The "special relationship" between the US and Britain is incredibly close, but the war in Iraq is clearly testing that bond. Nobody is more attuned to the crosscurrents of the trans-Atlantic partnership than Ambassador Tuttle, whose father was one of the original supporters of Ronald Reagan. Tuttle served for seven years as a senior official at the Reagan White House, most of that time as Director of Presidential Personnel—helping the president select American ambassadors.
1. Is there any possibility that Iran [was] trying to goad the US and UK into an attack—because protecting the country from an invasion is the only thing the Iranian leadership has to sell to its people?
It is neither possible nor appropriate for me to comment on Iran's motives. This is what I do know: the United Kingdom has incontrovertible proof that its military forces were in Iraqi waters at the time of their capture, making the Iranian actions illegal.
2. Turning to Iraq, Prime Minister Blair announced that Britain will reduce its force there from 7,100 to 5,500 in the coming months—a decision the White House says it supports. And yet Democratic plans to reduce American troop strength are called defeatist. Isn't that a contradiction?
The UK military, mainly stationed in southern Iraq, have done an excellent job of helping to restore order and stability to that part of the country. Eighty percent of their force will be remaining in Basra to work with Iraqi forces to maintain that stability. Their decision to withdraw a percentage of their forces was based on their military commanders' assessment of the situation there. The situation in the Baghdad area, where U.S. troops are primarily located, calls for reinforcement. That is why the President increased the force by 21,500 – and they will act in coordination with Iraqi troops.
3. Is it really accurate to say the British are beginning to leave because they've succeeded in Iraq? Or is it more accurate to say they're following some old Vietnam era advice: declare victory and go home?
Again, the UK decision to reduce the number of troops has been made based on their assessment that Iraqi forces in southern Iraq are now able to take on an increasing share of security responsibilities.
4. Do you spend the majority of your time dealing with issues related to Iraq?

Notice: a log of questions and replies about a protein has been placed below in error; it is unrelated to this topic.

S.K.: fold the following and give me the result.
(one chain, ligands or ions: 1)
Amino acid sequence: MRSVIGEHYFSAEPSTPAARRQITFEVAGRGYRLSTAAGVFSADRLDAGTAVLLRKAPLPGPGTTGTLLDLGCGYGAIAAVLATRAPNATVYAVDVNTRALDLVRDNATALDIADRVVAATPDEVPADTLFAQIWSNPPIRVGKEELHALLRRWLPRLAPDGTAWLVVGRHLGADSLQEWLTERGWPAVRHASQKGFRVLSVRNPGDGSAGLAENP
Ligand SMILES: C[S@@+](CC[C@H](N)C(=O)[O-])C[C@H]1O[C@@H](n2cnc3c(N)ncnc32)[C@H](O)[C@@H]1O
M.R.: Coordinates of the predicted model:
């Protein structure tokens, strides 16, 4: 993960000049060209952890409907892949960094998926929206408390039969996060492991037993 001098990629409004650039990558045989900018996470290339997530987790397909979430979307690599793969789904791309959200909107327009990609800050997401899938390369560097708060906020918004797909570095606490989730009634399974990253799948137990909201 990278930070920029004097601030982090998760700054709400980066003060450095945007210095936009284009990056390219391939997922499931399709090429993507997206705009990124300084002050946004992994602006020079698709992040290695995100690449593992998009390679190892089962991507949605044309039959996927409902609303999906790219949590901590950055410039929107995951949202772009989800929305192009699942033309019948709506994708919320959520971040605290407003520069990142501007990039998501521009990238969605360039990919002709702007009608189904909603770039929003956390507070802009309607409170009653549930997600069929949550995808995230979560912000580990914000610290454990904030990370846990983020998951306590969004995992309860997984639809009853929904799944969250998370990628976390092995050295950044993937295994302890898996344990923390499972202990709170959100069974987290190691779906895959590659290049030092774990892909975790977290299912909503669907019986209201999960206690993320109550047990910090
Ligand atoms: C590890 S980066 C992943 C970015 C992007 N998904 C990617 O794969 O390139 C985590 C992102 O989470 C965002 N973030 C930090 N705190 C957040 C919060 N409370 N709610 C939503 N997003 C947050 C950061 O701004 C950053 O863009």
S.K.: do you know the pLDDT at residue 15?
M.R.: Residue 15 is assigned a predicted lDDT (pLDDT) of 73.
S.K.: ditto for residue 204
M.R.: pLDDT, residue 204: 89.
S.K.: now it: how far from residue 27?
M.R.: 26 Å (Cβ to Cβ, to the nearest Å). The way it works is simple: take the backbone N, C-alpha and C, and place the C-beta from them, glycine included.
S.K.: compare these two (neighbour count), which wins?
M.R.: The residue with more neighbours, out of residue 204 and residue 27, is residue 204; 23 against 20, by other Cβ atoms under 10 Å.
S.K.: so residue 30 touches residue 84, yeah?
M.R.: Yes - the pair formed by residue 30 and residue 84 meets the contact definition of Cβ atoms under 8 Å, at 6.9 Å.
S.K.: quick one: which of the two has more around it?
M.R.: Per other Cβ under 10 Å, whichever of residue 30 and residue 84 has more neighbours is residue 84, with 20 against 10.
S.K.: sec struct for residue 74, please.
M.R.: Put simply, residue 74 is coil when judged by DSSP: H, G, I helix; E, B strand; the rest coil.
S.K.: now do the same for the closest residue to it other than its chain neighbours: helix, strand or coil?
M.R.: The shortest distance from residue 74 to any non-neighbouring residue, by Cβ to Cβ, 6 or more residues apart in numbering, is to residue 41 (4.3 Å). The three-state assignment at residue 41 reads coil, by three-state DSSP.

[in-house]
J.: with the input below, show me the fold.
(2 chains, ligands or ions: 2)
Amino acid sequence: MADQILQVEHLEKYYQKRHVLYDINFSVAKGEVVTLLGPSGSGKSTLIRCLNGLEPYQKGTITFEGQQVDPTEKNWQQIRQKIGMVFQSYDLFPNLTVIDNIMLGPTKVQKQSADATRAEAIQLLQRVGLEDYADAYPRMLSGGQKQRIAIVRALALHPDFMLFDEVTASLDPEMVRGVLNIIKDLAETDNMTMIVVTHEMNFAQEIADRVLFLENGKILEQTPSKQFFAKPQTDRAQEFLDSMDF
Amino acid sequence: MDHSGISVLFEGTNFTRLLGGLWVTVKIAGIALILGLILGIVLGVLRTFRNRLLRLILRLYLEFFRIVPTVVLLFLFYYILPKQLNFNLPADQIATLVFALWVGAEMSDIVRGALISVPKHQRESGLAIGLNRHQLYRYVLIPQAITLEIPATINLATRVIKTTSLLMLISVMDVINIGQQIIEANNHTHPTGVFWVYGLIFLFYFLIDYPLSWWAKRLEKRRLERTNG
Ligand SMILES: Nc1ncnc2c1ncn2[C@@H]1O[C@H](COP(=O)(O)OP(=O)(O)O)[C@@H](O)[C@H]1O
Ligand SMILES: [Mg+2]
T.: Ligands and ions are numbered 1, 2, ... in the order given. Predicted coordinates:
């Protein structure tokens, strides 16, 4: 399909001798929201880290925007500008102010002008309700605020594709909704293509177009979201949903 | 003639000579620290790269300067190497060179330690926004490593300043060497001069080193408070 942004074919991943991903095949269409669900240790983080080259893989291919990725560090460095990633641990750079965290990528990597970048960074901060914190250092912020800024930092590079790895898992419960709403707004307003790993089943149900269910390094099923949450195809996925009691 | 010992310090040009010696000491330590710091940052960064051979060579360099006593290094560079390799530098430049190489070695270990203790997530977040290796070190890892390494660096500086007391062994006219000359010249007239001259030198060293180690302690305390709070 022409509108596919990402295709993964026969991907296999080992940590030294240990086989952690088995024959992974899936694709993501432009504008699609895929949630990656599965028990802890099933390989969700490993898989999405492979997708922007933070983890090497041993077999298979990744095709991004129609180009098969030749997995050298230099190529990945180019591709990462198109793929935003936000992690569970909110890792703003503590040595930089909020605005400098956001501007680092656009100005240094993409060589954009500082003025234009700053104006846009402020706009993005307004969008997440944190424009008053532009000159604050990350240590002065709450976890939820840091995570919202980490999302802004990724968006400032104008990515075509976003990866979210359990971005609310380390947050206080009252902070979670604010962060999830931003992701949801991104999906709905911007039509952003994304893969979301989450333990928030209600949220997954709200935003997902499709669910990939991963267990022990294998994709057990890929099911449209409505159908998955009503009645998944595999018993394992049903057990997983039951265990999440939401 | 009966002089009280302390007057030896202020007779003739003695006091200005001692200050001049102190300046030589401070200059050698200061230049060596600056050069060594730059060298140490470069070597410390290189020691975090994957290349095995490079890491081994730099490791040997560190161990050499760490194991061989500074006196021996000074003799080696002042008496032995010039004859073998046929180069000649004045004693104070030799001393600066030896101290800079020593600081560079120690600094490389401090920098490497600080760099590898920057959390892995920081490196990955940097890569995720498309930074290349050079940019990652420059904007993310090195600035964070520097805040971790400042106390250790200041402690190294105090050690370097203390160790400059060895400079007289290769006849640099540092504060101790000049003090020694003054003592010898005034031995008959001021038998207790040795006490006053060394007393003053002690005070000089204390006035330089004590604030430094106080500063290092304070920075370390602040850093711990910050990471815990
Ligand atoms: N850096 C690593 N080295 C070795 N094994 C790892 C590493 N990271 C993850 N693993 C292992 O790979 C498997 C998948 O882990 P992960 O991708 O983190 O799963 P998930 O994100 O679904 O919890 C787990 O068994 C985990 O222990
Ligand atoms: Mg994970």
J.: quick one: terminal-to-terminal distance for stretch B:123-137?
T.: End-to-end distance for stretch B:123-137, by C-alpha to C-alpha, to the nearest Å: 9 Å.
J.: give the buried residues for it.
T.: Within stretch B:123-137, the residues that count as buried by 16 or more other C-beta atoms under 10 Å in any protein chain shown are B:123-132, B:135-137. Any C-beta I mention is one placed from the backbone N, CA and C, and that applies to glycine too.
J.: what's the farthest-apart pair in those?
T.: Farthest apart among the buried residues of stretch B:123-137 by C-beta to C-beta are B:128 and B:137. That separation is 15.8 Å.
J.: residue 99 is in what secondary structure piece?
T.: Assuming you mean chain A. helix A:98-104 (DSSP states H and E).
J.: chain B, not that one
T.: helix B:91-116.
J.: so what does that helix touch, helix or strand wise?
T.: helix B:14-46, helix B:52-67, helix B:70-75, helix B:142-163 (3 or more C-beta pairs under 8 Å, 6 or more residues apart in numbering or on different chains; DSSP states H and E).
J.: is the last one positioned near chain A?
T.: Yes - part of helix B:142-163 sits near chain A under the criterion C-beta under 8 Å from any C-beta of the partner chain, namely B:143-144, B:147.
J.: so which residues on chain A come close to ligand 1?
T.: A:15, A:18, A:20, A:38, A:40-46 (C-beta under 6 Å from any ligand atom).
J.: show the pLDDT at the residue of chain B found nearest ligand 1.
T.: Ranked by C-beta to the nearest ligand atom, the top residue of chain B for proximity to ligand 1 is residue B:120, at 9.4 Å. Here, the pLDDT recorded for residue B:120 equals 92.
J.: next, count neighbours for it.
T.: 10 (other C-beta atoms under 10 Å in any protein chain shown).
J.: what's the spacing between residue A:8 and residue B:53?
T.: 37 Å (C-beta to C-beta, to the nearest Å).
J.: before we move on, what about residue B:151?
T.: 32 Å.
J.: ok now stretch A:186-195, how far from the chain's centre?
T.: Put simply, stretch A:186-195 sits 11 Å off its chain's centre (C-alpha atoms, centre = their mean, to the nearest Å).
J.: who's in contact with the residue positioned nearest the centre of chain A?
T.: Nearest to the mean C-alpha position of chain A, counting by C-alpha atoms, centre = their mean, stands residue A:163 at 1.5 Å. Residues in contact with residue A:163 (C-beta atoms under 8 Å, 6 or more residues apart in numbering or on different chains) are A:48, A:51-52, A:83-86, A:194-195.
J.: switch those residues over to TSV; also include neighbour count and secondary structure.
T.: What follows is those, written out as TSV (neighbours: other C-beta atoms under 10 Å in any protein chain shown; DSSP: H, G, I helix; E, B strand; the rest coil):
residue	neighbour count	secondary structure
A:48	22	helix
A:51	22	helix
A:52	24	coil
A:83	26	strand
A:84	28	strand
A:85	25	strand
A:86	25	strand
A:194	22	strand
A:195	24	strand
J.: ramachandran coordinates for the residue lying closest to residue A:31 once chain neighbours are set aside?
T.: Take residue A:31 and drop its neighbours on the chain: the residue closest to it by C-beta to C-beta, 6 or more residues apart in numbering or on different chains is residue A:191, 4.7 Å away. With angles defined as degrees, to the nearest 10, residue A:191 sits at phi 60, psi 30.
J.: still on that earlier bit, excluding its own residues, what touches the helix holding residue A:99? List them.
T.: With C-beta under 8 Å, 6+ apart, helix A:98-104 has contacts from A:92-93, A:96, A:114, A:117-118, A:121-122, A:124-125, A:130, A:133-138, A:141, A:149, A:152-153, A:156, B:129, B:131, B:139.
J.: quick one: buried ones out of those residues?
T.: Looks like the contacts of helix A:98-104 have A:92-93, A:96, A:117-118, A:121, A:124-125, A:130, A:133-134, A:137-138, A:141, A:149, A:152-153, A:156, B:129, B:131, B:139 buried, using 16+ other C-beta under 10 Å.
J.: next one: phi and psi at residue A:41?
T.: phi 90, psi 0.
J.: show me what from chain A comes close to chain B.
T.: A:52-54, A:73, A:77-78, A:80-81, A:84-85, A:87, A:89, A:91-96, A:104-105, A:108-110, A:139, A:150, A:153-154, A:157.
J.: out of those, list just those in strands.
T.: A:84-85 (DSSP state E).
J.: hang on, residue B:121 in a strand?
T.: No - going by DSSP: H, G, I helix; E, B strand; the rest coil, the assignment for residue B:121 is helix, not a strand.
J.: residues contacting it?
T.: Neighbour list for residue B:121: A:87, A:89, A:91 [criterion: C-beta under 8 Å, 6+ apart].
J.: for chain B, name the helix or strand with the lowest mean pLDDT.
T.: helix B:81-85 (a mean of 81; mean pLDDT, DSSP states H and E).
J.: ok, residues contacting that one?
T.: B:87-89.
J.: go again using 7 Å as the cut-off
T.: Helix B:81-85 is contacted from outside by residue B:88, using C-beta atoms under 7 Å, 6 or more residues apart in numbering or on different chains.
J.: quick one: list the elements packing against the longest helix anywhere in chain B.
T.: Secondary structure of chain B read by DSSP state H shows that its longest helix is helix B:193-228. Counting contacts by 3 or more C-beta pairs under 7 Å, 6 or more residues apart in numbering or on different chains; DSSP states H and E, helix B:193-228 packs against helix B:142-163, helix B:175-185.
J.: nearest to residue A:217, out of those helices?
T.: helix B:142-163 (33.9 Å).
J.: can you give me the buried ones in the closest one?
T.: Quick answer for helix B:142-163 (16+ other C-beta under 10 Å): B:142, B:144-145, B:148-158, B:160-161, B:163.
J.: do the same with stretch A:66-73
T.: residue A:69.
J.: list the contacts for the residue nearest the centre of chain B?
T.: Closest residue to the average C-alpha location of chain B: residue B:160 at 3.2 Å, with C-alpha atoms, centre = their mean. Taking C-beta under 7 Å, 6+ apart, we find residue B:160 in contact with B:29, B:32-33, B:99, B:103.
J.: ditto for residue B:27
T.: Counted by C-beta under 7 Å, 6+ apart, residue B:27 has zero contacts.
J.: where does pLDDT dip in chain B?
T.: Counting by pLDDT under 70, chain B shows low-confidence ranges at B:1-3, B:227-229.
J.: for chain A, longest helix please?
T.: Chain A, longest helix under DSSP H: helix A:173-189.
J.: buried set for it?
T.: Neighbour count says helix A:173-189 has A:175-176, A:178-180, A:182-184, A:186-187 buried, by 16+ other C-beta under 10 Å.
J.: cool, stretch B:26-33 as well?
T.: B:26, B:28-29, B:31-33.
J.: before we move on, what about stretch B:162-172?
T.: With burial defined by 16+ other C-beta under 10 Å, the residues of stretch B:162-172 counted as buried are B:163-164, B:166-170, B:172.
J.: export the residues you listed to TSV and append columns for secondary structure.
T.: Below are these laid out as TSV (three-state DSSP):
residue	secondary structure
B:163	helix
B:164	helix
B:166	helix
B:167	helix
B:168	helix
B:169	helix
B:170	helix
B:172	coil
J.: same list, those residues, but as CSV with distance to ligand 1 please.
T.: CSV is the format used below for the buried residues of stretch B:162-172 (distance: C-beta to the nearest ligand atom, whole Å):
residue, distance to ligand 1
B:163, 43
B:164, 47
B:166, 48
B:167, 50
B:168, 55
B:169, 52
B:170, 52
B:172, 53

No, although there have been many questions and a great deal of interest in the war in Iraq. My time is spent on a very broad range of issues related to the United Kingdom.
5. Are you seen as representing the United States in Britain—or representing President Bush, who as you know is extraordinarily unpopular there? And does that hurt your credibility?
I represent the President and the policies of the Administration, as I am the President's personal representative in the United Kingdom. But I also represent the people of the United States and am seen as their representative by the British people. In my almost two years in the United Kingdom, however, I have found that the people of the United Kingdom, both those who support us and those who do not, are focused on policy issues, not the popularity of the President.
6. To what extent are you involved in foreign policy making? Or is it more about executing the policy?
All ambassadors' roles are a combination of executing foreign policy and participating in the making of foreign policy.
7. What is a typical day in the life of Ambassador Tuttle—if any day can be described as typical?
You are right that no day is "typical." Approximately 18,000 American government officials – federal, state and local – visit the Embassy annually; many come through my office. In addition, I meet frequently with British government officials. To date we have entertained more than 10,000 guests at our residence, Winfield House. My wife and I have averaged two trips per month throughout the UK since our arrival in July 2005, and I have speaking engagements on those trips. Here in the Embassy, I have addressed audiences ranging from a group of British Boy Scouts to the British Defence Academy Higher Command, and I have given speeches in many venues and before business, religious, social and government groups and conducted numerous TV, radio and print interviews.
8. What do you hope your legacy as ambassador will be?
As Ambassador, I hope to be remembered as contributing to the strengthening of the deep and abiding friendship and staunch alliance between our two countries – "the Special Relationship," aptly named by Winston Churchill. Through my public diplomacy efforts and those of Embassy personnel, it is also my hope that I am remembered as having touched the lives of the British people throughout the United Kingdom, listened to them, and answered their questions.